Friday, 14 June 2013

June AGM weekend - Saturday

This year's annual lecture was given not by an academic but by an enthusiastic local historian - Steve Wood. It was accompanied by a fascinating selection of slides, some of which came as a surprise for many members of the audience in the Baptist chapel, an appropriate space for events like this because it is like a compact theatre.

The subject was The History of the Withins Farms, 1567-1930 . Most Society members tramp up to Top Withins at some time, usually in good weather. Steve Wood read a few minds when he suggested that perhaps we should have made good use of the fact that the moors around Haworth and Stanbury were significantly bucolic and that the talk should have taken place on the tops, near the set of restored ruins which are possibly one of the inspirations for Wuthering Heights. But then it would have been awkward for him to show us the old photos, and the drawings.

We saw a set of three farms in various states of repair - not only Top Withins, but Middle Withins and Low Withins as well. Only Top Withins remains, the other two having been demolished. Steve gave us a brief survey of the families which had once survived up there, some of them managing hay meadows and keeping cattle, some of them installing hen coops and pigsties. The animals had to come in with the human inhabitants, separated by walls and doors. We saw the careful plans which Steve had drawn. It would have been almost comfortable in winter in the bothy, near the beasts' heat. In one photo, oatcakes could be seen, draped over a beam to dry. They lived mainly on porridge and oatcakes, it seems. Even the dogs were served porridge.

The 'upkeep' of Top Withins farm, if it can be called that, has often been insensitive and neglectful: Keighley Town Council once made interventions, cut stones were stolen - a Yorkshire tradition going back to the Dissolution of the Monasteries and before - and various charitable parties turned up to do something, notably a class of schoolchildren from Barnsley. At one time, it was covered with names and graffiti, not the work of early members of the Brontë Society, I hope and trust. The sycamores have lasted well. Yorkshire Water bureaucrats are currently the keepers: they own just about everything on the moors around here, and have strong views on the keeping of farm animals, because of concerns about water pollution. Sheep have escaped their gaze.

There was plenty of it left when Sylvia Plath drew it, which shows the extent of the recent deterioration. The views are still stunning, but will change soon when tall new wind turbines appear on the horizon. It is, of course, still a popular tourist destination, and the paths are well looked after. Most walkers today might wear fleeces and anoraks - not so a century ago. One photo showed a group of mostly male members of the Brontë Society looking into the farm's open windows dressed in dark suits and bowler (derby) hats. The women with them were wearing long Edwardian dresses a couple of inches up from the turf and huge, elaborate headgear. They had style in those days.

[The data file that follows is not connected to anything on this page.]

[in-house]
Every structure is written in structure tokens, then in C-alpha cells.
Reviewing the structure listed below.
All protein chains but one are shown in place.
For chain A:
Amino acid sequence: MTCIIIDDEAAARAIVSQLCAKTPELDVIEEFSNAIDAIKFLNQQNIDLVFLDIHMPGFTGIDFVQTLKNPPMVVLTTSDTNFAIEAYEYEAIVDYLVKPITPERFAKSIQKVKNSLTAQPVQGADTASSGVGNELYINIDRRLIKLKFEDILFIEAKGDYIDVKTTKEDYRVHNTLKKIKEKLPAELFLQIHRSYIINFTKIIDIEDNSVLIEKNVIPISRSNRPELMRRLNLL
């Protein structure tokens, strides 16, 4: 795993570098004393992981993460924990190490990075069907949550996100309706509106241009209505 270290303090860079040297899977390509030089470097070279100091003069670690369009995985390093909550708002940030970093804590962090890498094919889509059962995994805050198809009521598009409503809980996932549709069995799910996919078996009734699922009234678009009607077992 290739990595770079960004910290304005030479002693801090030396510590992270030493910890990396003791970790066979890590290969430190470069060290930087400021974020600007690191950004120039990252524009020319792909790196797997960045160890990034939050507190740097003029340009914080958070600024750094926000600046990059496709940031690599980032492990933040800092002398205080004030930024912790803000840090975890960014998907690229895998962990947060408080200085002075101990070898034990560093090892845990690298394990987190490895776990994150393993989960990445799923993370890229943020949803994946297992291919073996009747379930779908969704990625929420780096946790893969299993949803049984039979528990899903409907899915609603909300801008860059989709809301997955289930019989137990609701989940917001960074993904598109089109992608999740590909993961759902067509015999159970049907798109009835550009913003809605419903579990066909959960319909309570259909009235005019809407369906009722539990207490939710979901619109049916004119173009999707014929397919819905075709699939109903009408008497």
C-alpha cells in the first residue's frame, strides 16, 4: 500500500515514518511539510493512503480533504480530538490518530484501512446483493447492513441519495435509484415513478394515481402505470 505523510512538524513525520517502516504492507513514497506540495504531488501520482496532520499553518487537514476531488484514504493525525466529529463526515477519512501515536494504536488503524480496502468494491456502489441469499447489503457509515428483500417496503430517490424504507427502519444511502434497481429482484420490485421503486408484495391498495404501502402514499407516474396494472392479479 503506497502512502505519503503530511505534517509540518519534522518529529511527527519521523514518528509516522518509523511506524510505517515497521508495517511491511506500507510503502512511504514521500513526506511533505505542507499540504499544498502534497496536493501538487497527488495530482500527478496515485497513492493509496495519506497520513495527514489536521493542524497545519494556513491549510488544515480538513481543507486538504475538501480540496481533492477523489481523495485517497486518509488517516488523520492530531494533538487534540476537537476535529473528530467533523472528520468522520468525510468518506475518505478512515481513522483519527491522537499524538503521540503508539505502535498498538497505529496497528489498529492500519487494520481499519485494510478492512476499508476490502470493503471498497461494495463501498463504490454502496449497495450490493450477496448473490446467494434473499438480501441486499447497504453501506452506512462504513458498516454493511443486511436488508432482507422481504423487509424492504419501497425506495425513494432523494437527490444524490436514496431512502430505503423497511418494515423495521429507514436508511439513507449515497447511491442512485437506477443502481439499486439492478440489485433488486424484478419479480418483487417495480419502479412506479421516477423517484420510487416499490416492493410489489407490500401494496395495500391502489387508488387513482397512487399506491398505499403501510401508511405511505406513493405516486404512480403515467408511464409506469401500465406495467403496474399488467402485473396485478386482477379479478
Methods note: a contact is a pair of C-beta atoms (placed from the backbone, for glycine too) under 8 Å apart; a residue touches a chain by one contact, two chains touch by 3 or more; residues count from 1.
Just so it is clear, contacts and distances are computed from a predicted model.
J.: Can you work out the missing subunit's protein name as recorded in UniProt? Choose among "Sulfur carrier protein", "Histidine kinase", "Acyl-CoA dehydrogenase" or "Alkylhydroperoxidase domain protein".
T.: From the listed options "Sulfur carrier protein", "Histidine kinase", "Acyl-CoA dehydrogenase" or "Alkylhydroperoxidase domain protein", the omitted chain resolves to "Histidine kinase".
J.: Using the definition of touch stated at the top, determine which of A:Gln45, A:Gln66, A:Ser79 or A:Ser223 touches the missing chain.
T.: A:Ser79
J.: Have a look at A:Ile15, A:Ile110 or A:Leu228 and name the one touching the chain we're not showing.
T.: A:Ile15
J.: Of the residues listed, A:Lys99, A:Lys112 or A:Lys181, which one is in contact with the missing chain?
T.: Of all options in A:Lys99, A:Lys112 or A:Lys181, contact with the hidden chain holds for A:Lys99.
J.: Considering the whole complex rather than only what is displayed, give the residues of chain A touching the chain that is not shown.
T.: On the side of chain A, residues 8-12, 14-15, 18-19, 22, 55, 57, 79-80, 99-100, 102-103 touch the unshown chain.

Anonymous said...

Having heard the excellent presentation on Saturday morning about the history of Top Withins I took the opportunity to walk in the same area on a balmy evening with the sun going down in the west The vista was wonderful- miles and miles of open moorland with panoramic views of the villages around and Sladen Reservoir glittering in that late evening sun. I thought of Cathy and Linton's idea of heaven's happiness when they had differing ideas and were near to quarelling as they talked together in Wuthering Heights. His idea was of lying, on a summer's day, in the heather in the middle of the moors with the blue sky shining steadily and cloudless.Cathy's was a little different- rocking in a rustling green tree and close by great swells of long grass undulating in waves to the breeze. I personally could not choose between the two!
I did linger that evening on the path to Top Withins under that benign sky. I did watch the moths and bees fluttering amongst the heath and harebells and other wild flowers and I did hear the soft wind breathing through the grass. Linger yes, but other things beckoned, however I could have stayed there forever.

Anonymous said...

I sincerely hope the comment about Steve Wood not being an academic is not a criticism. He was much more interesting and entertaining than most of them.